Lord Ganesha is as loved in Japan as he is in India, where he is being worshipped since the eighth century.
The country is said to have 250 temples dedicated to the elephant god but of course, the form is completely different from the Hindu god.
He evolved in Japan from the Tantric form of Buddhism that had emerged from Odisha, which then travelled, first to China and then to Japan.
Professor and Head, Department of Ancient Indian History, Culture and Archaeology, Utkal University in Bhubaneswar, Odisha, Dr. Sanjay Acharya said, “Buddhism and Jainism were
rebel children of Hinduism. Buddhism split into Hinayana and Mahayana, with the latter eventually bringing in idol worship. Interestingly, it was in protest against the ritualistic practices which had crept into Hinduism that the new religion Buddhism had come up.”
Odisha is believed to be the land where Tantricism evolved, he said. Esoteric Buddhism, in its different forms like Vajrayana, Sahajayana and Kalachakrayana were practiced in Odisha.
“Art and architecture were never a monopoly of any one religion. Religion too has gone through a process
of acculturation,” he added.
The changes which Lord Ganesha undergoes may be many but with his distinctive elephant head, he remains the ever-wise and remover of all obstacles.
Tokyo has the 8th-century Matsuchiyama Shoden Temple, dedicated to the Japanese deity Kangiten, which is how Ganesha is
called in his Japanese ‘avatar’. He is also known as ‘Shoten’ and more interestingly ‘Ganabachi’ and ‘Binayakaten’.
How Tantra, in which female energy or Shakti plays an important role influenced his iconography can be seen in Japan.
Kangiten is depicted as two Vinayaks embracing each other symbolising the union of the individual with the universal spirit or Lord Ganesha embracing a female elephant or “shakti”.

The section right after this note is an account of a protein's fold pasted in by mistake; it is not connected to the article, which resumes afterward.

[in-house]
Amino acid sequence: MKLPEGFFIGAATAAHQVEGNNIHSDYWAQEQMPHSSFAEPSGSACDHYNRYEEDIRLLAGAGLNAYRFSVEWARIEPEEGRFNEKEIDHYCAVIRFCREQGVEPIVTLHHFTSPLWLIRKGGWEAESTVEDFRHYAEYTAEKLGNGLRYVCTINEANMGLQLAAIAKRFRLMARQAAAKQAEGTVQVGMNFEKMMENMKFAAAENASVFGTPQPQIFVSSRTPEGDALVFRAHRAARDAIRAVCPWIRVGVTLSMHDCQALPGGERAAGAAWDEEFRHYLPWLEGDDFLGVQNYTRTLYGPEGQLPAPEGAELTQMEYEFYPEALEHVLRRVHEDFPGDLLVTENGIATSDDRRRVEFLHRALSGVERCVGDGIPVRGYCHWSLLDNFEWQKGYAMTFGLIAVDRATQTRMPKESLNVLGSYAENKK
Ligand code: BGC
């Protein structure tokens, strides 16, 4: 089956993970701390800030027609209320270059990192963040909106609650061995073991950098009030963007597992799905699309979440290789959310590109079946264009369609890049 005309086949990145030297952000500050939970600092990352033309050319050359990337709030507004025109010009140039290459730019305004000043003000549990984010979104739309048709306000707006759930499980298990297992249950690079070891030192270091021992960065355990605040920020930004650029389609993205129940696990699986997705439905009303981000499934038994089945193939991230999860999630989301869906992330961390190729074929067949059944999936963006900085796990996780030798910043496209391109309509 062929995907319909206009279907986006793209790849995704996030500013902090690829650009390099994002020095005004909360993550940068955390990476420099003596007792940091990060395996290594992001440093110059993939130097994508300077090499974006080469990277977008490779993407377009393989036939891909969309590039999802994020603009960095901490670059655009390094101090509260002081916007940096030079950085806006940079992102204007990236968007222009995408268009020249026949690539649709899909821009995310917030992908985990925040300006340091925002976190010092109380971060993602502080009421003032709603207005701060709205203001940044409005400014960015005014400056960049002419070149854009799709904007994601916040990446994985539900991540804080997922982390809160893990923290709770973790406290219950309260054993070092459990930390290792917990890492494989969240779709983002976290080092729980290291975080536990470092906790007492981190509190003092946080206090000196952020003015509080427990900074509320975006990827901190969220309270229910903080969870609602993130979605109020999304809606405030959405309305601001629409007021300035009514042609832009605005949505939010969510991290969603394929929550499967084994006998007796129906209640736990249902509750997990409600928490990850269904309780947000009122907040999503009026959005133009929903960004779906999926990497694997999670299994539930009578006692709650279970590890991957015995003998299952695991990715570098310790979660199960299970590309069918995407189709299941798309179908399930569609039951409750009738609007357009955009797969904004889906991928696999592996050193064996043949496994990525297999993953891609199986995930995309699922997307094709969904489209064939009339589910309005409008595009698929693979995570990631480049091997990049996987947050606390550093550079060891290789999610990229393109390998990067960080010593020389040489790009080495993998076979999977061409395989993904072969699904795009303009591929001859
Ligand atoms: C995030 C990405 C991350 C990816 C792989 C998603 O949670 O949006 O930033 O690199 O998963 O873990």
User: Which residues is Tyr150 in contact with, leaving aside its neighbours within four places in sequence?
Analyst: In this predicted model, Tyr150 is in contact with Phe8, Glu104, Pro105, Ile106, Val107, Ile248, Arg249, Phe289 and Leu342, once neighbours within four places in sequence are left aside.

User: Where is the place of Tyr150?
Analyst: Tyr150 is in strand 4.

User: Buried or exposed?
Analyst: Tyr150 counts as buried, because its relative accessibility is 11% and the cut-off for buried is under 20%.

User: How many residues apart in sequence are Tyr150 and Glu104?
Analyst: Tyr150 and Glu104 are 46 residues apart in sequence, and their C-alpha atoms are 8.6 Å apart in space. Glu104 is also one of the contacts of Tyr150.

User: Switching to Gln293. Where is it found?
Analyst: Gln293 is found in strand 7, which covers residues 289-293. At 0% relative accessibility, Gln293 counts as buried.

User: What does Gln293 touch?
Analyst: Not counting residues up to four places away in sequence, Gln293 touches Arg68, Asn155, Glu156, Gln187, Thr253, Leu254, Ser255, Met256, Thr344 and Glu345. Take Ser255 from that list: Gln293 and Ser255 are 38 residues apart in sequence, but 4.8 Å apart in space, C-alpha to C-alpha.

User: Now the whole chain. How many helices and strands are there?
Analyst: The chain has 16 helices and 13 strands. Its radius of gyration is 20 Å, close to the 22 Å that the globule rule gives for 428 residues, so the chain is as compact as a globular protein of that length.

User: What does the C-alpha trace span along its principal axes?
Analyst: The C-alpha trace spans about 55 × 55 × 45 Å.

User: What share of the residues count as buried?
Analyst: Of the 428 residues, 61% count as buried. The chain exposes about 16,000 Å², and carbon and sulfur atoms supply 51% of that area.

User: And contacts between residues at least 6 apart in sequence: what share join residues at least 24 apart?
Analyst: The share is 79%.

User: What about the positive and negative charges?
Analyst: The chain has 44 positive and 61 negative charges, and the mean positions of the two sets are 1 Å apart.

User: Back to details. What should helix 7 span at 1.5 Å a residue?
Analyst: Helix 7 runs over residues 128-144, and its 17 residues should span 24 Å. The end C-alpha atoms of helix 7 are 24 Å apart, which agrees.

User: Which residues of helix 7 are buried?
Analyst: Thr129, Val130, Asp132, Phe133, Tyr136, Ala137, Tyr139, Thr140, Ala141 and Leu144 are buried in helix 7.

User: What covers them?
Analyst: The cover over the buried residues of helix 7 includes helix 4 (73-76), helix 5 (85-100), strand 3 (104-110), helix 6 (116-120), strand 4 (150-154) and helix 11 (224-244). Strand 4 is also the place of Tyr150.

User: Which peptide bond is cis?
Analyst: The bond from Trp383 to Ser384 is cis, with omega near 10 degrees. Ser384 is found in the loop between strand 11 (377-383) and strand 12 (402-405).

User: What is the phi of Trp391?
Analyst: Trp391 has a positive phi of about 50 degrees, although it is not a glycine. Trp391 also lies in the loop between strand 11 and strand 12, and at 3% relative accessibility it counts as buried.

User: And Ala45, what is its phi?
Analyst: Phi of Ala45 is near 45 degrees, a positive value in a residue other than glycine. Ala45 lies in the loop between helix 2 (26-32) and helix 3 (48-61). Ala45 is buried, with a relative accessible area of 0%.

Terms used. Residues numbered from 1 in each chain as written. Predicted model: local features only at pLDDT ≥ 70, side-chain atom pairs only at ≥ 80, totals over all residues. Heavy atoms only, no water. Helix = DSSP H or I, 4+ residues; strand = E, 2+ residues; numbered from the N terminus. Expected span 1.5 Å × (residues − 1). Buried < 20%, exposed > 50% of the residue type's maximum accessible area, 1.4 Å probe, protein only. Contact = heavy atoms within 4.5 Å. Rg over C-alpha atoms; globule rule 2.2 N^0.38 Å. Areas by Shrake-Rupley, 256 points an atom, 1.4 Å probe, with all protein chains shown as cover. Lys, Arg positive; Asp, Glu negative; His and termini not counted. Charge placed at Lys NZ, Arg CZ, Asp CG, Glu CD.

The statues of these embracing deities are usually not shown to the public, because of the sexual implication. They are kept in
boxes, closed doors, and brought out only on ceremonial occasions, sometimes after a gap of 50 years.
Here we also find Kangiten with a white radish in one hand which is an aphrodisiac and has significance in Tantric context. In popular worship, people pray to him for conjugal harmony, good marriage, and children.
Kanginten is known as the God of Joy and Bliss.
Japanese Merchants, especially pray to Kangiten for good business and wealth.
Initially a minor deity in Shingon Buddhism in the ‘Heian Period’ (794-1185 CE), Kangiten emerged as an independent God.
In religious texts, Tantric rituals to be performed during the worship of Kangiten are called ‘Sho Kangiten Shikhio.’
On Mount Ikoma close to Osaka, is the beautiful Hozanji Temple dedicated to Kangiten. It was established by a seventh
century Japanese monk, Tankai. The merchants of Osaka city worship him for their prosperity. A cable car was built here in 1918.
Soon, Hozanji became a very wealthy temple complex. Due to its great popularity, the first Japanese cable car was bulit here in 1918.
In the Edo period, there are said to have been about a thousand temples dedicated to Kangiten and a large number of devotees visit them. White radish and wine (sake) is offered to the deity.